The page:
Best Time To Visit: September through November is always a terrific time to visit, but particularly October – which offers free child tickets along with the purchase of an adult ticket for most major attractions. You can also find decent rates and low traffic in March and April. May and June tend to have the most overcast days, while the winter months see the most rainfall – so you’ll want to avoid those times if that sort of weather matters to you.

Why Go: San Diego boasts warm weather year-round and loads of family-friendly attractions. The San Diego Zoo is one of the nation’s treasures and one of the places to see giant pandas, Australian koalas, Sumatran tigers, naked mole rats, California condors, and polar bears. Over 4,000 animals from 800+ species are assembled in this one magical place, including many rare and endangered.

More To Do: In addition to the San Diego Zoo, Balboa Park is a great place to kick off your trip among beautiful gardens and museums. Kids love The NAT’s animatronic dinosaurs, the kids’ aviation hangar at the San Diego Air & Space Museum, hiking among towering palm trees at the Palm Canyon Trail, hands-on science displays at the Reuben H. Fleet Science Center, the New Children’s Museum, SeaWorld San Diego, the antique carousels at Seaport Village, the “Coney Island” type experience at Belmont Park, and the Cabrillo National Monument’s tide pools. With 70 miles of coastline, you’ll find plenty of sand for a carefree holiday. Seashell-packed Silver Strand, surfer hangout Oceanside, swimming and picnicking at Mission Beach, La Jolla’s sea lion watching, and the quaint Coronado are a few area favorites.

4. Massachusetts

Ideal For: Toddlers & Early Elementary School Age

Best Time To Visit: The weather is warm from late March through October. Tourist traffic tends to be heaviest in the summer months once school lets out. The autumn months represent a particularly scenic (and affordable) time to visit New England in all its splendor.

Why Go: Cape Cod gets all the publicity for being a family-friendly vacation destination, but there’s much to do elsewhere in Massachusetts. Plan your trip around the Iconic Illustrators’ Trail for starters, which includes stops at The Springfield Museum (home of the new Amazing World of Dr. Seuss Museum), the Eric Carle Museum of Picture Book Art in Amherst, and the Norman Rockwell Museum in Stockbridge. Then make your way to Edaville, an amusement park featuring vintage carousels and Ferris Wheels, in addition to a Thomas the Train land and outdoor Dino Land trail with life-sized dino statues. Themed weekends include Superhero & Princess weekend, Curious George Weekend, and seasonal events like the “Not So Spooky Halloween” in October, and our Christmas Festival of Lights.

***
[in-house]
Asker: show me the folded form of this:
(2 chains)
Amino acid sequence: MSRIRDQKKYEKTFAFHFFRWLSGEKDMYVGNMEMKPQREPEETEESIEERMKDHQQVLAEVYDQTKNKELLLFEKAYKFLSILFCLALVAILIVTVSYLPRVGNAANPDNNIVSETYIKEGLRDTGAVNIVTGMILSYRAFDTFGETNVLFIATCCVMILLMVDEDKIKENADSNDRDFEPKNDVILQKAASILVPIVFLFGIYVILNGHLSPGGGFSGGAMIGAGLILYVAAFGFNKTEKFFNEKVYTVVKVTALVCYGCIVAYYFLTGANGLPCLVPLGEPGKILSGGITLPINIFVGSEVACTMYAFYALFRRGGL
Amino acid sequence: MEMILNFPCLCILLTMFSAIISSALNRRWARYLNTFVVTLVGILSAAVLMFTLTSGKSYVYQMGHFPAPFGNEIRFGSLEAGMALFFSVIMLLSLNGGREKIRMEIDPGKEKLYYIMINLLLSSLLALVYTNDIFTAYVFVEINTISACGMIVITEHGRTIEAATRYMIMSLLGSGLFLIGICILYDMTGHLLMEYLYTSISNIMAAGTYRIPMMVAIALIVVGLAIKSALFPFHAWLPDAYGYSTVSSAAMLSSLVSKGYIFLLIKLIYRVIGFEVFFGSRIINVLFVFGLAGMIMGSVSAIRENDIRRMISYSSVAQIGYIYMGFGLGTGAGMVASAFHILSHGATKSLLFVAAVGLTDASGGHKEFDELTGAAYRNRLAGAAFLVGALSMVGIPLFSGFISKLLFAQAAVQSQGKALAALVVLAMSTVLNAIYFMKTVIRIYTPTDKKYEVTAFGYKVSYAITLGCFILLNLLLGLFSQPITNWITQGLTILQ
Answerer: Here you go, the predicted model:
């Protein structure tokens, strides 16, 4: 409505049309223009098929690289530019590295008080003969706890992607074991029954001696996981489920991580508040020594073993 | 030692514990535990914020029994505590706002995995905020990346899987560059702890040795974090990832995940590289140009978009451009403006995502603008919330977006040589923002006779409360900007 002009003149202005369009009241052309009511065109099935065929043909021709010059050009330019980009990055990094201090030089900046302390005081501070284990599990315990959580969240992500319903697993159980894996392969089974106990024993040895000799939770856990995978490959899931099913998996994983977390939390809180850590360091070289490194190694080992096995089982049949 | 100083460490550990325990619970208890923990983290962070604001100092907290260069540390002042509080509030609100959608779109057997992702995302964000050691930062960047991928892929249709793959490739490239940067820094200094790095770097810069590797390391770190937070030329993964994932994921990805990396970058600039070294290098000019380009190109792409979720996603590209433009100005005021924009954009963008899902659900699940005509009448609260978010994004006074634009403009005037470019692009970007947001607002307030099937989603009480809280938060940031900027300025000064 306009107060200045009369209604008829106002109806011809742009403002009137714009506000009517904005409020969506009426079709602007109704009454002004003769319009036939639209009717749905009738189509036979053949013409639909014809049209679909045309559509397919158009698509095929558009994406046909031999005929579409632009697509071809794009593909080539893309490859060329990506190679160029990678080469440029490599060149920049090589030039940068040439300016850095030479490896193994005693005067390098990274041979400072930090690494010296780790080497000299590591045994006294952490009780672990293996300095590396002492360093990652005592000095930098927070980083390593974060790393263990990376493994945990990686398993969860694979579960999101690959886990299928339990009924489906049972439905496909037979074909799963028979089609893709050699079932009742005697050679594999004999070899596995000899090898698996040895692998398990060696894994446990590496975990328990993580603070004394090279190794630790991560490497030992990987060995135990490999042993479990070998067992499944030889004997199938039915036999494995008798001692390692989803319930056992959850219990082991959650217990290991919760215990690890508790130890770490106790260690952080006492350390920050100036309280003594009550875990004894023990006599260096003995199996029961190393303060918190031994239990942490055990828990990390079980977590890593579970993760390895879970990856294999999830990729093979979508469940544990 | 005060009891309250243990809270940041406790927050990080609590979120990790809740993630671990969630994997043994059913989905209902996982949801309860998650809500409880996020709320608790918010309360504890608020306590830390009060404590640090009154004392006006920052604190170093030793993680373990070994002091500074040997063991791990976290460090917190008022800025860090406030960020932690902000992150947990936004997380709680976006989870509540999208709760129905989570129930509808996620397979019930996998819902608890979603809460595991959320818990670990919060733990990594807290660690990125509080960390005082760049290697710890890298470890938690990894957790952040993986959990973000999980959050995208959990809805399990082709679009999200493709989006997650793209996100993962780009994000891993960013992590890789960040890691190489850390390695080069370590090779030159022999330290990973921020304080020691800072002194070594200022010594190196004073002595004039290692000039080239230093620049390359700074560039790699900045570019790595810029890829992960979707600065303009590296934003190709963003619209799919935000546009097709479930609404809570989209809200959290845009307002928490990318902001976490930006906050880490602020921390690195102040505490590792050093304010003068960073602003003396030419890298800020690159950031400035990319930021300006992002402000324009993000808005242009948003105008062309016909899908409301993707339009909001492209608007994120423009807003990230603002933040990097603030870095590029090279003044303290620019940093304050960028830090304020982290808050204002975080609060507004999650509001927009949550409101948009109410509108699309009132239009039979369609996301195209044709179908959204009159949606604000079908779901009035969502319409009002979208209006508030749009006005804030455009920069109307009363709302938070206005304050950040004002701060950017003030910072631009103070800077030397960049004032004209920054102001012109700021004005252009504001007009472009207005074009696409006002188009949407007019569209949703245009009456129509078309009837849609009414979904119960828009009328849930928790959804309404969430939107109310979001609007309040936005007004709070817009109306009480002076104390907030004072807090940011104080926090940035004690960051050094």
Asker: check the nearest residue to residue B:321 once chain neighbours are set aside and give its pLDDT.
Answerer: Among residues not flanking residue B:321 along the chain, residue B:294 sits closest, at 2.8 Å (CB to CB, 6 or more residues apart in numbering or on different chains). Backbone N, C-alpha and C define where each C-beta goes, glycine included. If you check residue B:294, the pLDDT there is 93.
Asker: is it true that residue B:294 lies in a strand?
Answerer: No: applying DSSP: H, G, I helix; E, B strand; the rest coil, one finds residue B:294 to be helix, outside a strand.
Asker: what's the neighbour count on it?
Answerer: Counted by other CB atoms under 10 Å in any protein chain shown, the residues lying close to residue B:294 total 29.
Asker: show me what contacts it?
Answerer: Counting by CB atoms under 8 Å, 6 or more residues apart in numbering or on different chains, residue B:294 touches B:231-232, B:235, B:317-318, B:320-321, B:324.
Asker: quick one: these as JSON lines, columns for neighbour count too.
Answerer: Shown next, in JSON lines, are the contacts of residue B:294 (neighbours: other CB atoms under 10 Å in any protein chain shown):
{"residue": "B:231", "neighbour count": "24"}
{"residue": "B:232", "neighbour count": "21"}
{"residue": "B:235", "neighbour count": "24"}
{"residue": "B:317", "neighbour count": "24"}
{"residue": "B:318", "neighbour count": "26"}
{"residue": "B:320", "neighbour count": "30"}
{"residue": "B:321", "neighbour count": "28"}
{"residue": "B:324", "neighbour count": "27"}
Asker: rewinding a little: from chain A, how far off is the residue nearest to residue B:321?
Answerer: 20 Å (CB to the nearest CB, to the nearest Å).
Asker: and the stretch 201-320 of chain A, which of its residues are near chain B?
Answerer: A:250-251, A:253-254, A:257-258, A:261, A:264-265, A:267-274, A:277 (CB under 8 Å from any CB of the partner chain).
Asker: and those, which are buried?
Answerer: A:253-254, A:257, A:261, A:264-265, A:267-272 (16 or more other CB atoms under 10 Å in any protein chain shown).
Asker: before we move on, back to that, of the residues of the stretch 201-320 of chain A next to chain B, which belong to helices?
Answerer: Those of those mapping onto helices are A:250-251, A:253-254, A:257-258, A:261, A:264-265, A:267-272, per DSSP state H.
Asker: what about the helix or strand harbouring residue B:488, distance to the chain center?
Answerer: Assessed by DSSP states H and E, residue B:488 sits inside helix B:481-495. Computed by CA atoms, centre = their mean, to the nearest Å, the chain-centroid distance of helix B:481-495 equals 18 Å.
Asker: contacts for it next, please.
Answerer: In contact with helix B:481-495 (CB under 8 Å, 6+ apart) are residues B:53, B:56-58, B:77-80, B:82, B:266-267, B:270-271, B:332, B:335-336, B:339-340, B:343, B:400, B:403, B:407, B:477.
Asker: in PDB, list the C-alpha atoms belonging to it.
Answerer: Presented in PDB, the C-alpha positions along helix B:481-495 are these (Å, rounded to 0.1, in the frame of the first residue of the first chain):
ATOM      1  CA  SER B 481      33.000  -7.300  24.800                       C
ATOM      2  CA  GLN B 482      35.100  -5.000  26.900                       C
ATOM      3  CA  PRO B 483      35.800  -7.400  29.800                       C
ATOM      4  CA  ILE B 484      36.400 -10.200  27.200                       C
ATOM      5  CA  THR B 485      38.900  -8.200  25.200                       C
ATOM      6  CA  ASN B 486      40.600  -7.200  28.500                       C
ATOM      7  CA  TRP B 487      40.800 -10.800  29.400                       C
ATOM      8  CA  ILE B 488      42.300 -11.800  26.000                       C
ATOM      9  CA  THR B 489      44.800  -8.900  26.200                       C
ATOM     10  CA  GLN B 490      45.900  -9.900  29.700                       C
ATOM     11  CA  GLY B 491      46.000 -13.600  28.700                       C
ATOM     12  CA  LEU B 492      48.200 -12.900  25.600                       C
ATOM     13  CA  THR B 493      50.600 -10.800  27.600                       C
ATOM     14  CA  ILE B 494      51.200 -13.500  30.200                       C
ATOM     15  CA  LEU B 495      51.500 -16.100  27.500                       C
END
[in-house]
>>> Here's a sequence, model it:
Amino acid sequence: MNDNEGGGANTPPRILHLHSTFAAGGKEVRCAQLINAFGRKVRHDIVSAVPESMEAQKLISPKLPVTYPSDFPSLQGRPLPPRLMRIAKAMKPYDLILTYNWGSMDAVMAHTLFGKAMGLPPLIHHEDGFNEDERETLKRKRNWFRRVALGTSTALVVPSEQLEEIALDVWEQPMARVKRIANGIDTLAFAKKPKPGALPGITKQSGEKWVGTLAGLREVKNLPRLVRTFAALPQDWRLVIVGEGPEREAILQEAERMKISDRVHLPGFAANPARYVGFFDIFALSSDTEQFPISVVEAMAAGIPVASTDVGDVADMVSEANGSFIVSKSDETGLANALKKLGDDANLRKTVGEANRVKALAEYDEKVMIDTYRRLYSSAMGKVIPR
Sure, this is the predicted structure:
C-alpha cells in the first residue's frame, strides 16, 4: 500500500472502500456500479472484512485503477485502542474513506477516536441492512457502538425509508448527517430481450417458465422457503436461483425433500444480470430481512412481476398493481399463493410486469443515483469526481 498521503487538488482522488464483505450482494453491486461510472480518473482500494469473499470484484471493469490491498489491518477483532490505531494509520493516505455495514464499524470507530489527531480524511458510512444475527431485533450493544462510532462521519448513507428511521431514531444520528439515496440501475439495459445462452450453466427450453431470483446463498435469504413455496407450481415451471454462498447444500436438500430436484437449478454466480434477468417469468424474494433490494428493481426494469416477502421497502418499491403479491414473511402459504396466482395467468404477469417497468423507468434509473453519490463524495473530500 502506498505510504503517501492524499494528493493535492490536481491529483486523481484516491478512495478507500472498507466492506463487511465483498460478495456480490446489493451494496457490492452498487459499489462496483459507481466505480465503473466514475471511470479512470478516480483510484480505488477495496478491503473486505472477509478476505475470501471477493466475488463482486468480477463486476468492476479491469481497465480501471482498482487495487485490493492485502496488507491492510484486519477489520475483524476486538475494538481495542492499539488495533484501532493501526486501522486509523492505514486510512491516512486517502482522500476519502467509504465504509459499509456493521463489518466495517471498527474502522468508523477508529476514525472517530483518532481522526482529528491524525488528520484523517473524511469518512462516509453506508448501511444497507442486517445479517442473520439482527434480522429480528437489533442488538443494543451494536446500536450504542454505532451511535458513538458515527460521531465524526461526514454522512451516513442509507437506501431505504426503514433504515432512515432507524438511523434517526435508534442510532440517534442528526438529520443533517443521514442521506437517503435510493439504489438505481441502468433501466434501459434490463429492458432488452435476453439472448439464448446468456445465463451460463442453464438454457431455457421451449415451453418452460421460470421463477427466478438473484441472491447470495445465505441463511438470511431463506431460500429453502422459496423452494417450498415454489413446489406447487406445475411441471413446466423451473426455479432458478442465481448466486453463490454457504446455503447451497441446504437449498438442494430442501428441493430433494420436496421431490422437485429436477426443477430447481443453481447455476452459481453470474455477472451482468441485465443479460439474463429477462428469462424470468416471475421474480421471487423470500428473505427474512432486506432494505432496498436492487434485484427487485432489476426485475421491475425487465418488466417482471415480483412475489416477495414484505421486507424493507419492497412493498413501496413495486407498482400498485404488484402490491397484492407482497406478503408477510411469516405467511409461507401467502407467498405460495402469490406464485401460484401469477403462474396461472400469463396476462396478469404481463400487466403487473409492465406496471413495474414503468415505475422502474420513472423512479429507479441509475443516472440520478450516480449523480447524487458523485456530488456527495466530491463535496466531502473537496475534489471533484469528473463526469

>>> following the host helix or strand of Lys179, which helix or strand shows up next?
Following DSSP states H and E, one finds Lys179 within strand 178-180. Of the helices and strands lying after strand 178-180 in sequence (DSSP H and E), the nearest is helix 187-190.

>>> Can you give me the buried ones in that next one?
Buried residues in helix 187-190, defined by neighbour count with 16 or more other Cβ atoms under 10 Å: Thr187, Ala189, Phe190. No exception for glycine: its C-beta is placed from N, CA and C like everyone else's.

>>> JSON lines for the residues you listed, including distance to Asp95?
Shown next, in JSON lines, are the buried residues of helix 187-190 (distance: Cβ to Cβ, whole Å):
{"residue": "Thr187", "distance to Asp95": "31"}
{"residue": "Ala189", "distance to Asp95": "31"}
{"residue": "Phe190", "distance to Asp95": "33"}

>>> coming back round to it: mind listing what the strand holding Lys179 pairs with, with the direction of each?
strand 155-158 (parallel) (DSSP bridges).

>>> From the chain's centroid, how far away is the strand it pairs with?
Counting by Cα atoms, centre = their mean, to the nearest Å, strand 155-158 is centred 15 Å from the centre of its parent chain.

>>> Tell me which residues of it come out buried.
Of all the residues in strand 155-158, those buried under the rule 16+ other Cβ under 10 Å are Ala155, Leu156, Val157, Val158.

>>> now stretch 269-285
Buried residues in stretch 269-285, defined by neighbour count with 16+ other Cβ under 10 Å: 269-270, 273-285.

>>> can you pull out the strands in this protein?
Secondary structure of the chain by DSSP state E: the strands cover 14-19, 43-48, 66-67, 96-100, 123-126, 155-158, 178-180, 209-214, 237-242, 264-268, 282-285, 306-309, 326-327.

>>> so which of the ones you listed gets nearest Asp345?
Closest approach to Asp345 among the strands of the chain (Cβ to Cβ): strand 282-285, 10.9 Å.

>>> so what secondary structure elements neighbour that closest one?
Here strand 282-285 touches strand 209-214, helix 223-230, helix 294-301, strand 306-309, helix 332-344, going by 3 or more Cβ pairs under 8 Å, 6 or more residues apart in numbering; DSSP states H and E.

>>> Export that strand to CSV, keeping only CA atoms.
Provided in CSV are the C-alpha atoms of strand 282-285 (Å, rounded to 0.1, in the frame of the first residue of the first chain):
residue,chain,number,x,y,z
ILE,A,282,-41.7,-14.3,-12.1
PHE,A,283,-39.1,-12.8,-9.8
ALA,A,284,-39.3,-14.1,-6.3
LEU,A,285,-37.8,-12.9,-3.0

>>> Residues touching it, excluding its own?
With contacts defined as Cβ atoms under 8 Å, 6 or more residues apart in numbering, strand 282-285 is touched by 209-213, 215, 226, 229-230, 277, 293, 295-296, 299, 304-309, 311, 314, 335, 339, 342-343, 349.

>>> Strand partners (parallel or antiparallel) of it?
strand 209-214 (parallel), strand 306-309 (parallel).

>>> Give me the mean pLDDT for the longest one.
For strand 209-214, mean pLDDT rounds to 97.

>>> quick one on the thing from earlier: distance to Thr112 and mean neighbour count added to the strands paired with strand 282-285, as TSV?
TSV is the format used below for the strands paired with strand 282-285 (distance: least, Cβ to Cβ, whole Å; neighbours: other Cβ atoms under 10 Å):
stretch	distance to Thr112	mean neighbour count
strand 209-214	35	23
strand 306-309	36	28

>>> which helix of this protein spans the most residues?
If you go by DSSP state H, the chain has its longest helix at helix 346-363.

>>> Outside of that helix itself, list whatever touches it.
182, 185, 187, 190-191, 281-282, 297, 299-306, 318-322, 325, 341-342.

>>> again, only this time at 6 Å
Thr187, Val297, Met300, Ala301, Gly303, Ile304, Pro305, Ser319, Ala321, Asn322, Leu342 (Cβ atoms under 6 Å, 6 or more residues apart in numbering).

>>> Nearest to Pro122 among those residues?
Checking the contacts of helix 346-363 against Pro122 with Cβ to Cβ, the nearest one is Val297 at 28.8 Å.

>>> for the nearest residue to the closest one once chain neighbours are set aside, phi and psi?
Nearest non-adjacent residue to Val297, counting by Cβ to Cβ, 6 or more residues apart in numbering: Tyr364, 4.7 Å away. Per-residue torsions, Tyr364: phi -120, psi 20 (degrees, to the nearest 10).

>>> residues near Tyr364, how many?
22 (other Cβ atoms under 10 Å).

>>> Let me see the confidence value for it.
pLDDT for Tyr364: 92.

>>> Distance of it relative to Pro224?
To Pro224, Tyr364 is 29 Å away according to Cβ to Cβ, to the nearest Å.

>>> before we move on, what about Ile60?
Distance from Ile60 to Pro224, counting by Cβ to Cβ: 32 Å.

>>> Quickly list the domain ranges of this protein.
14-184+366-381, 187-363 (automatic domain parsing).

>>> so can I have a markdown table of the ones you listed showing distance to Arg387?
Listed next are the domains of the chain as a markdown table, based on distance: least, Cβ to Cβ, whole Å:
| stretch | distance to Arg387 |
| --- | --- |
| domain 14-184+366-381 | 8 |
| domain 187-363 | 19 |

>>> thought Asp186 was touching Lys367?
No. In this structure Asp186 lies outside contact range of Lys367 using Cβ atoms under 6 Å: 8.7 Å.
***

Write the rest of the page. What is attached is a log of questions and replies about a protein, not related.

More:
More To Do: Older kids might enjoy an additional beeline to historic Plymouth Rock, which will supplement what they’ve learned in school. It’s not just about “the rock,” though! Don swashbuckler hats and face-painted mustaches for a Pirate Cruise off 9 Town Wharf. Experience life in olden times at the Plimoth Plantation living museum. Climb aboard the Mayflower II, a life-size replica of the original pilgrim vessel. Listen to paranormal tales on a Dead of Night Ghost Tour. Hike, canoe, and fish at Myles Standish State Forest. See cranberry bogs at Flax Pond Farms. One hour away, you’ll find the New England Aquarium – so famous, a replica of it is featured in the Disney movie “Finding Dory.” More than 1.3 million visitors come each year to see the cylindrical 200,000 gallon tank simulating Caribbean coral reefs that houses sharks, turtles, stingrays, moray eels, barracuda, and colorful reef fish. The massive penguin exhibit is another big draw. See rare sea dragons, piranhas, cuttlefish, horseshoe crabs, and jellyfish. Kids love the exhilarating manta ray touch tank and visiting the Northern fur seals and California sea lions.

5. Gatlinburg, TN

Ideal For: Elementary age children

Best Time To Visit: Summers bring swarms of travelers to the sleepy town of Gatlinburg. September and October are the best off-peak months to visit. Weekends in October tend to remain busy, as the fall foliage crowd arrives. March to May is another low-season time to discover deals – and fields of wildflowers.

Why Go: Trip Advisor ranks Gatlinburg the fourth most-affordable destination in the USA. Great Smoky Mountains National Park in downtown Gatlinburg attracts more than 40,000 visitors a year with miles of hiking, biking, and horseback riding trails, camping, historical exhibits, and wildlife viewing areas in Cataloochee and Cades Cove for black bear, elk, white-tailed deer, raccoons, coyotes, box turtles, and turkeys. During the snowy months, you’ll be treated to Winterfest, Winter Magic Tunes & Tales, Fantasy of Lights Christmas Parade, Trolley Holiday Lights tours through town, and a New Year’s Eve Ball Drop.